Cancer Treatment Services
Dharamshila Narayana Genitourinary Cancer Centre provides effective, technologically advanced treatment services for patients with all types of genitourinary cancers including prostate cancer, bladder cancer, kidney cancer, Penile Cancer, testicular cancer etc. The management of genitourinary cancers depends on the presenting stage of disease and patient fitness. Patients with disease that has not spread in other parts of the body will be considered for surgery or radiotherapy, and chemotherapy. Patients with inoperable or metastatic disease will be considered for chemotherapy and may be radiotherapy. Our highly specialized team of experts collaborates to offer you the latest treatment advances. Options may include Minimally Invasive Surgical Procedures; Radiation Therapy-External Beam and Prostate; Hormonal Therapy and Targeted Chemotherapy.
Our Genitourinary cancer treatment services include:
Surgery for Genitourinary Cancers - Our skilled and experienced Genitourinary Cancer Surgeons are backed by powerful interdisciplinary insights and extensive trainings. Each surgeon practices subspecialty surgery limited to each individual′s area of expertise and interest. Traditional and minimally invasive genitourinary surgery–state-of-the-art fiber optic technology limits the amount of incisions, reduces pain and shortens recovery time for patients who suffer from cancer. The following types of surgery are performed at Dharamshila Narayana Gastrointestinal Cancer Centre :
- Transurethral Resection of Bladder Tumor (TURBT) - This procedure may be suggested for slow-growing cancers that remain confined to the bladder lining. A surgeon uses a cystoscope with a loop cutting tool inserted into the bladder through the urethra, to remove the tumor. If necessary, an electric current may be used to burn away remaining cancer cells (referred to as fulguration). The doctor may also take biopsies of both the tumor and surrounding normal cells.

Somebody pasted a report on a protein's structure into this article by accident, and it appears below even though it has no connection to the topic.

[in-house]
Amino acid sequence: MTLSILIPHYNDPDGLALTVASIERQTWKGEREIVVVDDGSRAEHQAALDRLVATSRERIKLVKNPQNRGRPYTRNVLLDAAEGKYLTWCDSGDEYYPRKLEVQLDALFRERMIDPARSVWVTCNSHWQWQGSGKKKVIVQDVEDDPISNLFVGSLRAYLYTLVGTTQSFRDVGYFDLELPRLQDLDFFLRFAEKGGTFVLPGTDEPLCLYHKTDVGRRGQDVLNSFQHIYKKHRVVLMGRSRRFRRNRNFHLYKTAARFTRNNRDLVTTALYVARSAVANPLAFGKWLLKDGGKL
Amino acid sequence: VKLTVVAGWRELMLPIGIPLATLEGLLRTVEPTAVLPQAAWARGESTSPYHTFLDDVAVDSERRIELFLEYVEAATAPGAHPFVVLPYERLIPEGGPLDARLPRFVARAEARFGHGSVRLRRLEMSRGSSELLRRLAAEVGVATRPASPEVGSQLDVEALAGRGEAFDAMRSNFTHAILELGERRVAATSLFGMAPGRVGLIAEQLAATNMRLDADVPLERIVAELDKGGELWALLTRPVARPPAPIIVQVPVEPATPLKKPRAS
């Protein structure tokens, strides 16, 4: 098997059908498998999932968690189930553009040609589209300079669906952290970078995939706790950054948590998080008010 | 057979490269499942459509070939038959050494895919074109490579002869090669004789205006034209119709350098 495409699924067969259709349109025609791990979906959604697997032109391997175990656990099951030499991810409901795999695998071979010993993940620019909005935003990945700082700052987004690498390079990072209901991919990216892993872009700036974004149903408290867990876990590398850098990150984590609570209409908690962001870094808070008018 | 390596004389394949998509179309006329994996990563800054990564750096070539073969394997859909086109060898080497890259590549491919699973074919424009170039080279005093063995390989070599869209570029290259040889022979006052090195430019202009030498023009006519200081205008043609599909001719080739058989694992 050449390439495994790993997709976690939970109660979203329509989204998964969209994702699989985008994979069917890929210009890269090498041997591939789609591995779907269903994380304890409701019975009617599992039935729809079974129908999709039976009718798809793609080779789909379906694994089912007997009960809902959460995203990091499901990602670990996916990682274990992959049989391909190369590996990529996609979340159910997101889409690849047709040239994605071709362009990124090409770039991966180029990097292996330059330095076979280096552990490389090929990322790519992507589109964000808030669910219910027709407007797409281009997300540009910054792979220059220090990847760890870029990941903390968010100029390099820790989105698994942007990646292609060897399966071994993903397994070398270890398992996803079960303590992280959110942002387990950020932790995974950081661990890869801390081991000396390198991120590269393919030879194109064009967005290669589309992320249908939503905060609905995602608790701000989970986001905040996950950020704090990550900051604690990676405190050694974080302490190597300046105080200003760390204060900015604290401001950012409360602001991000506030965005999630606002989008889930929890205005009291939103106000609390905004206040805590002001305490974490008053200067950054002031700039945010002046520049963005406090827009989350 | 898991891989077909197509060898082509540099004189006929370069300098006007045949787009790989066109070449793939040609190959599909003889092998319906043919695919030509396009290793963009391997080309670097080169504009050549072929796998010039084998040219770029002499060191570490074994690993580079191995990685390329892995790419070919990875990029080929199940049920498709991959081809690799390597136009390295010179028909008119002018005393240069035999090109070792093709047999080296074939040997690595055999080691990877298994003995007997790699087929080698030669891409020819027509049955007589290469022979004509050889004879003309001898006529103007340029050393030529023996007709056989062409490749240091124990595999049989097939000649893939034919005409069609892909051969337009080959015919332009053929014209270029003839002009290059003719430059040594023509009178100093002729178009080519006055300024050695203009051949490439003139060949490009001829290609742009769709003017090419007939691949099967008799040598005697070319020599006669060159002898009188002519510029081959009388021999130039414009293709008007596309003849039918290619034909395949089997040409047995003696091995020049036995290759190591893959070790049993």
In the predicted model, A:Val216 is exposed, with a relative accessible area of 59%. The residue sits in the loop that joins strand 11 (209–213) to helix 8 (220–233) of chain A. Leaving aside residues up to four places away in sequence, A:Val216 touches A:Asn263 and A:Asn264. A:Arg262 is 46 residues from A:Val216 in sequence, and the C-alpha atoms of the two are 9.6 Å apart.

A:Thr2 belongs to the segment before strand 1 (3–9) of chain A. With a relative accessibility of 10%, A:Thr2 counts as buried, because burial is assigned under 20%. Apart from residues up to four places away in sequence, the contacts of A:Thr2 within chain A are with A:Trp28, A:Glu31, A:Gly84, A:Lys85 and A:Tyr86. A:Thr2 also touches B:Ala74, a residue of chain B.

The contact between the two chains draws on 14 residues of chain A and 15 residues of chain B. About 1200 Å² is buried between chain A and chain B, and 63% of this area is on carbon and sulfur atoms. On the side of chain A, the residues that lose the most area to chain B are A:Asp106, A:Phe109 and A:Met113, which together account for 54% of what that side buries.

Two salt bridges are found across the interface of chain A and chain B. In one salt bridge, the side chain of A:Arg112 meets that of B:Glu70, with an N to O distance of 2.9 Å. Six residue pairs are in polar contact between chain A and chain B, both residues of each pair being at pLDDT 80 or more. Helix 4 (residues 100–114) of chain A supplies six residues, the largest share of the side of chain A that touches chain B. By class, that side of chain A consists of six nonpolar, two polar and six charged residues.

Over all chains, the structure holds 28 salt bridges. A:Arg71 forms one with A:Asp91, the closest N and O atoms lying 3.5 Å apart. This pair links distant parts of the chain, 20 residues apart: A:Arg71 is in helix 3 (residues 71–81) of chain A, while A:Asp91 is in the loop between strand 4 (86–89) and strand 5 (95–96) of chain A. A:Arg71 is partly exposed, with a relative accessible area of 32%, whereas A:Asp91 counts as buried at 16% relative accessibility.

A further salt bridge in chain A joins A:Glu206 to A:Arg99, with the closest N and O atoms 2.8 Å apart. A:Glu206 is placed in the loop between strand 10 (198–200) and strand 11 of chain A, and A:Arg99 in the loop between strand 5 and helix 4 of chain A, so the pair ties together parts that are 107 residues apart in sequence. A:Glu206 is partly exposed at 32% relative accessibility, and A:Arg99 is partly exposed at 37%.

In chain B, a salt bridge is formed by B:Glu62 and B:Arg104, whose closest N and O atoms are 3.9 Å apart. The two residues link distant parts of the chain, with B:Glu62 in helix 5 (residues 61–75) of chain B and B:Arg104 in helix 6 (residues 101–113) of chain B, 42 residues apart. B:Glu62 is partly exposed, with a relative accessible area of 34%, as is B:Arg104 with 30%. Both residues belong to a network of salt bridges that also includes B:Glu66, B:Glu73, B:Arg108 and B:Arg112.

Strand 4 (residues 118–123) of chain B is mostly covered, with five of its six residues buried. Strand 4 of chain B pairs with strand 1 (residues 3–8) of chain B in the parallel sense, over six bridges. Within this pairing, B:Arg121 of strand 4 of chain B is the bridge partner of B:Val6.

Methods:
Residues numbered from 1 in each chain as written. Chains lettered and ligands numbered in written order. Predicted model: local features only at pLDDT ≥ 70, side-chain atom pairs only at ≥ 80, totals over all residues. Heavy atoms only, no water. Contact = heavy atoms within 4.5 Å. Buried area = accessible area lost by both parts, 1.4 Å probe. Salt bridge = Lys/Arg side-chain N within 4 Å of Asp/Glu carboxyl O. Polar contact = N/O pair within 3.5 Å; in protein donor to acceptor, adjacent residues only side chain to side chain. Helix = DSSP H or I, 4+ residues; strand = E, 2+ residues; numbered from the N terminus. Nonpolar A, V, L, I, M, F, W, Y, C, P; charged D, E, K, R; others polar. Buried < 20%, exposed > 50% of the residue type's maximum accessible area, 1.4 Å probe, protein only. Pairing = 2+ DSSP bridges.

- Cystectomy - Partial or total (radical) removal of the bladder may be the best option for aggressive cancers. A radical cystectomy removes the entire bladder, nearby lymph nodes, part of the urethra and nearby organs that may contain cancer cells. In men, the prostate gland is usually removed and sometimes the urethra. In women, the lower end of the ureters, the front wall of the vagina, the uterus, fallopian tubes and ovaries are usually removed. In some instances, a segmental (or partial) cystectomy is performed where only the cancer and some of the bladder tissue around the tumor are removed.
- Reconstructive Surgery - If you have a cystectomy, you also will have reconstructive surgery. Once the bladder is removed, it is necessary to create a storage space to take over the bladder functions, and to fashion a structure that will allow you to pass urine. Our Centre offer three ways to achieve this:
- Urostomy : If the urethra was removed as part of the cystectomy, surgeons can create a urinary passageway by forming an ileal conduit or urostomy. A portion of the small intestine (ileum) is used to make a tube through which urine will pass through an opening to the outside of the body, called a stoma. Urine collects in a flat, disposable bag worn on the outside of the body. The bag must be emptied and replaced regularly, and the stoma cleaned and checked.
- Continent Reservoir : This procedure uses the small intestine to create a reservoir or storage pouch to collect urine inside the body. This pouch, also called an Indiana pouch, means an external bag is unnecessary. The stoma is very small and can be covered with a bandage. Inside the pouch is a one-way valve that does not allow urine to escape. Every 4 to 6 hours, you will insert a small catheter (tube) into the stoma to drain the pouch.
- Orthotopic Neobladder : In this procedure, a part of your small intestine can be used to make a new pouch (a neobladder) that is connected directly to your urethra. No stoma or external bag is necessary. Instead, the neobladder empties just as the original bladder did, with urine passing normally, through the urethra. Some people may need to use a small disposable catheter a few times a day to empty the neobladder. The catheter is placed into the bladder through the urethra.